Washington's defense of hegemony outdated: China Daily editorial
The United States has become accustomed to its hegemony in global affairs, and this shapes its way of thinking and acting. Indeed, it puts its hegemony above anything else. And that end justifies any means no matter how debased it may be.
To this end, international laws, rules for free trade and human rights principles are all tools it is willing to use to maintain its status.
That is why Huawei is in its crosshairs. Having developed the most advanced technology and equipment for 5G networks, the Chinese telecommunications giant poses a threat not to national security but to the US' long-established tech supremacy.
But the US government is going too far in its efforts to put Huawei out of business. The State Department has reportedly asked telecom carriers and chipmakers to sign up to a set of principles which would in effect exclude Huawei, and possibly other Chinese companies, from the US market.
It could not be any clearer that the US government has no concern for competition laws and fairness in its attempts to curb the rise of Chinese technology companies, Huawei in particular.
It was reported that a separate proposal by the US Commerce Department would give the commerce secretary the power to block imports of any sensitive technology from a country dubbed a "foreign adversary". Little wonder some business leaders warn that such rules could slow down large swathes of the global technology trade.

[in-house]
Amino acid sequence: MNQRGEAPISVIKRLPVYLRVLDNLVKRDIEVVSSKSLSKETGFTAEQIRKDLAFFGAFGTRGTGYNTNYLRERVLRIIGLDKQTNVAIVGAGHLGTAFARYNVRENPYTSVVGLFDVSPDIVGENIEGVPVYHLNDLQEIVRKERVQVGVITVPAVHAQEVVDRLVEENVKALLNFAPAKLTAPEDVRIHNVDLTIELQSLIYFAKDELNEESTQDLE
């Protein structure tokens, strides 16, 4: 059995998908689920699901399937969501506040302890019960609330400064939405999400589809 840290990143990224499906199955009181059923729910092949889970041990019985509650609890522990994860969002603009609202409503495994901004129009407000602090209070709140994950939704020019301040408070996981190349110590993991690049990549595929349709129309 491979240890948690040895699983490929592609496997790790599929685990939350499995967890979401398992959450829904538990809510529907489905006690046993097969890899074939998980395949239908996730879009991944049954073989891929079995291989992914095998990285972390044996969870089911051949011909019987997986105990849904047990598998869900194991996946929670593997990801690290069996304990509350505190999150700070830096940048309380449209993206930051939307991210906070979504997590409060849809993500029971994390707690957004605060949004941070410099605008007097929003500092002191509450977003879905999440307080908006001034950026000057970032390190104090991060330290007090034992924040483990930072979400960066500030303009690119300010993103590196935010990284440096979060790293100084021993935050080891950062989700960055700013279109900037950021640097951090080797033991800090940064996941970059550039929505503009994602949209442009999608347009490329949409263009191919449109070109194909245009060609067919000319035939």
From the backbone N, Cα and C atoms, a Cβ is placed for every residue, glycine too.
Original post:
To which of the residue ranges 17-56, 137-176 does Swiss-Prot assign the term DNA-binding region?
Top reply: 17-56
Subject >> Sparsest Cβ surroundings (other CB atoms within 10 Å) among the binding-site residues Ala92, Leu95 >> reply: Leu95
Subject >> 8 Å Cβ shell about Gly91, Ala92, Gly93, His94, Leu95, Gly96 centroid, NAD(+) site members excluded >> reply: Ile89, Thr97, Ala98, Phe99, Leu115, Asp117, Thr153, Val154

And little wonder that US technology companies are concerned that they would have been the targets of a backlash if they had come together to act against a global competitor by following the US administration's request to stop sourcing supplies from some Chinese companies.
The way the US is trying to exclude Huawei from its domestic market and even drive it out of the global market will disrupt the global supply chain and slow down the global trade in technologies. And of course, it will hurt the development of its own technology sector as well.
5G is a product of global high-tech cooperation. The global industrial, supply and value chains are highly intertwined in this area, and it is highly irresponsible of the US administration to deliberately try and cut them, as it is damaging to the rules-based global order and multilateral economic and scientific cooperation.
The attacks on Huawei and other Chinese technology companies by the US administration are nothing but political protectionism. This is a dangerous trend that the international community should oppose, as not to do so would encourage the US to turn a business issue into a political one or even a security one whenever it feels its preeminent position in technology is being challenged.
National security is a common concern of all countries. Fabricating suspicions about another country's company just because it is the industry leader does a dangerous disservice to cybersecurity which can only be preserved with joint efforts in an open and transparent manner on the basis of trust.